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Watch master gardeners transform a landscape

YouTube channel page for master gardeners

This is an iPad screenshot of the Sacramento County master gardeners YouTube channel. A new video on landscape redesign debuts Friday.

New YouTube video available for viewing Friday; check out others, too

Nothing beats watching a live demonstration of gardening techniques, but until we can all do that safely, there is YouTube.

The UCCE Sacramento County master gardeners are building a very helpful library of YouTube videos on local gardening tips and techniques. And I stress local, because we're not gardening in Michigan or the UK, are we?

The newest video debuts Friday, March 19, just in time for spring to arrive and gardening time to ramp up.

"Landscape Redesign: An Environmentally Friendly Approach" shows a real-life yard redesign, replacing a lawn with an interesting diversity of plants. The video shows to how conserve irrigation water as well as capture rainwater to recharge groundwater and minimize storm runoff.

As the master gardeners note, "Creating a garden with benefits now and for years to come is well worth the investment."

While you're waiting for this video to drop, check out the other videos on the Sacramento master gardeners' YouTube channel . If you subscribe to the channel, you'll get notifications of any new ones.

Many of the videos already there were filmed for last summer's virtual Harvest Day. Some that are relevant for early spring gardening include:

Make Your Garden Wildlife Friendly

Composting: Getting Started

Composting: ABCs of Building a Successful Compost Pile

Composting: Hot vs. Cold

Growing Herbs in Containers

On the Sacramento County YouTube home page is also a link to the statewide UCCE master gardener YouTube channel. The latest video there is How to Design a Home Vegetable Garden.

Of course the advantage to videos is viewing them at any hour, and as many times as desired. I really need to watch that Sharpening Hand Pruners video again!

To see what else the Sacramento County master gardeners have to offer, including many planting and growing guides, visit their website, .

-- Kathy Morrison


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Dig In: Garden Checklist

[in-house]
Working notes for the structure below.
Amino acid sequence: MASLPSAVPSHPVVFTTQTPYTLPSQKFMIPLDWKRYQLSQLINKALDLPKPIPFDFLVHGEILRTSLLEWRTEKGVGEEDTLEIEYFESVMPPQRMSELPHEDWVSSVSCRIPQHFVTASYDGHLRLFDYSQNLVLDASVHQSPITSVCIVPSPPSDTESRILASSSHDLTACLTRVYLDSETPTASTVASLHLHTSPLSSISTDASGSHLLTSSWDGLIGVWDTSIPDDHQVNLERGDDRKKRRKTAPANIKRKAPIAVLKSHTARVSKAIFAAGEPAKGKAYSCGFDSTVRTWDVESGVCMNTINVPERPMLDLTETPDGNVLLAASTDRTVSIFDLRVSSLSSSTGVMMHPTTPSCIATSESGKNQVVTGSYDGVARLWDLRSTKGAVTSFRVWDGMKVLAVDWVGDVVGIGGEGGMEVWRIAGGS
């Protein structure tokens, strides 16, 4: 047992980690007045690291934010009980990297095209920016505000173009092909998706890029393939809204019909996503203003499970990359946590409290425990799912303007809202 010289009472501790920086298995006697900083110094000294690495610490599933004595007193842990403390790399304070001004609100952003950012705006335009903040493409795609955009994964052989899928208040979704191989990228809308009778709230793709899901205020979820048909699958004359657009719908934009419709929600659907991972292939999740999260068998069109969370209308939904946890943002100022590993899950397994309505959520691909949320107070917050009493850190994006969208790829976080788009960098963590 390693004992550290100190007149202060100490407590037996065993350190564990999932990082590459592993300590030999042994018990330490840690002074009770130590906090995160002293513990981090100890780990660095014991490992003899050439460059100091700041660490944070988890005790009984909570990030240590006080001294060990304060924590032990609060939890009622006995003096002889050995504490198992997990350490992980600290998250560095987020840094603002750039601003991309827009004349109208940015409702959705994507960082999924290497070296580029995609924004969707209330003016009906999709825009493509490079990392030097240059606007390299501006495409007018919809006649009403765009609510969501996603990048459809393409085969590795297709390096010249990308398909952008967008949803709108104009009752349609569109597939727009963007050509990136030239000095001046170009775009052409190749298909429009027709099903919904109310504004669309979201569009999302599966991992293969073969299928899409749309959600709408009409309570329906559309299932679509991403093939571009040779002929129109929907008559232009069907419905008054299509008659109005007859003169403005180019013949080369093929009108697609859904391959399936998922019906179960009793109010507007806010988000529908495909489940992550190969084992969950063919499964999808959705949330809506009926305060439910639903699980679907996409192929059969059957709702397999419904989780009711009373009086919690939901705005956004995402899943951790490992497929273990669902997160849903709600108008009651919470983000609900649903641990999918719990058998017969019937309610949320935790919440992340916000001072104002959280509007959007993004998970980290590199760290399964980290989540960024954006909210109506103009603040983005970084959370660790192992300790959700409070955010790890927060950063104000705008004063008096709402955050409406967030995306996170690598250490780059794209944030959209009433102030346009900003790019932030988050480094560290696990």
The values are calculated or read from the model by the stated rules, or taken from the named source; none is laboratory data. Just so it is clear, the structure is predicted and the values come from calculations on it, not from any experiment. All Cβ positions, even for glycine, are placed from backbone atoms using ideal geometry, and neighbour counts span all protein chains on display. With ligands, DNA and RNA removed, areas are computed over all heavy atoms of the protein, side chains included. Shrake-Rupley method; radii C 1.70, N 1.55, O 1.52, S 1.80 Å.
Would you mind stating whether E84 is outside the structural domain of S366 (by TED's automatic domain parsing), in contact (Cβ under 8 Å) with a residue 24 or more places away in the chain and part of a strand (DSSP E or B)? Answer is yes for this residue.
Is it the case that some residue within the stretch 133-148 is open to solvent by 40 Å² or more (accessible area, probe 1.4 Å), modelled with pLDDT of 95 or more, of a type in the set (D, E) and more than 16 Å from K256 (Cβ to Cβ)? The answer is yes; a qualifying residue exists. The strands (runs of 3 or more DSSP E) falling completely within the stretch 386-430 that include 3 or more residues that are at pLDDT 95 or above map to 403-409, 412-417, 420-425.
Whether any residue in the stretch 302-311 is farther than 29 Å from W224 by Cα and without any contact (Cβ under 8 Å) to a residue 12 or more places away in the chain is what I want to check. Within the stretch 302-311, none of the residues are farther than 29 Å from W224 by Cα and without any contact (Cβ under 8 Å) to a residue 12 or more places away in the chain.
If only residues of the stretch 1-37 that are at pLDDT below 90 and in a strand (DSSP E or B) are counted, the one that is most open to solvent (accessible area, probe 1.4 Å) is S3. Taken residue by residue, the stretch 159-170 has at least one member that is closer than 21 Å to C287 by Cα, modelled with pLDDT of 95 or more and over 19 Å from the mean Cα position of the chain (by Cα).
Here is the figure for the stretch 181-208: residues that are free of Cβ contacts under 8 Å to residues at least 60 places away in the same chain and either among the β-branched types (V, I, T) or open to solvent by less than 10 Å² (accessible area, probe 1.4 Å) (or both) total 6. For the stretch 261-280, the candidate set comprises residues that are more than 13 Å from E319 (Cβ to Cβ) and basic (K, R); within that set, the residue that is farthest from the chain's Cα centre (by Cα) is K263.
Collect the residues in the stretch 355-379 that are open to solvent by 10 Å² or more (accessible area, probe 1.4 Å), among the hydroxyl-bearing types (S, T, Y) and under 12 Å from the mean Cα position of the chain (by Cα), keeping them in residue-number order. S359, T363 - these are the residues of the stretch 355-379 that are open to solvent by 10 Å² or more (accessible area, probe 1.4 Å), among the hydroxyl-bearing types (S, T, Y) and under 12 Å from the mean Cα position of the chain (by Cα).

For week of June 4:

Because of the comfortable weather, it’s not too late to set out tomato and pepper seedlings as well as squash and melon plants. They’ll appreciate this not-too-hot weather. Just remember to water.

* From seed, plant corn, pumpkins, radishes, melons, squash and sunflowers.

* Plant basil to go with your tomatoes.

* Transplant summer annuals such as petunias, marigolds and zinnias.

* It’s also a good time to transplant perennial flowers including astilbe, columbine, coneflowers, coreopsis, dahlias, rudbeckia, salvia and verbena.

* Let the grass grow longer. Set the mower blades high to reduce stress on your lawn during summer heat. To cut down on evaporation, water your lawn deeply during the wee hours of the morning, between 2 and 8 a.m.

* Tie up vines and stake tall plants such as gladiolus and lilies. That gives their heavy flowers some support.

* Dig and divide crowded bulbs after the tops have died down.

* Feed summer flowers with a slow-release fertilizer.

* Mulch, mulch, mulch! This “blanket” keeps moisture in the soil longer and helps your plants cope during hot weather.

* Thin grapes on the vine for bigger, better clusters later this summer.

* Cut back fruit-bearing canes on berries.

* Feed camellias, azaleas and other acid-loving plants.

* Trim off dead flowers from rose bushes to keep them blooming through the summer. Roses also benefit from deep watering and feeding now. A top dressing of aged compost will keep them happy. It feeds as well as keeps roots moist.

* Pinch back chrysanthemums for bushier plants with many more flowers in September.

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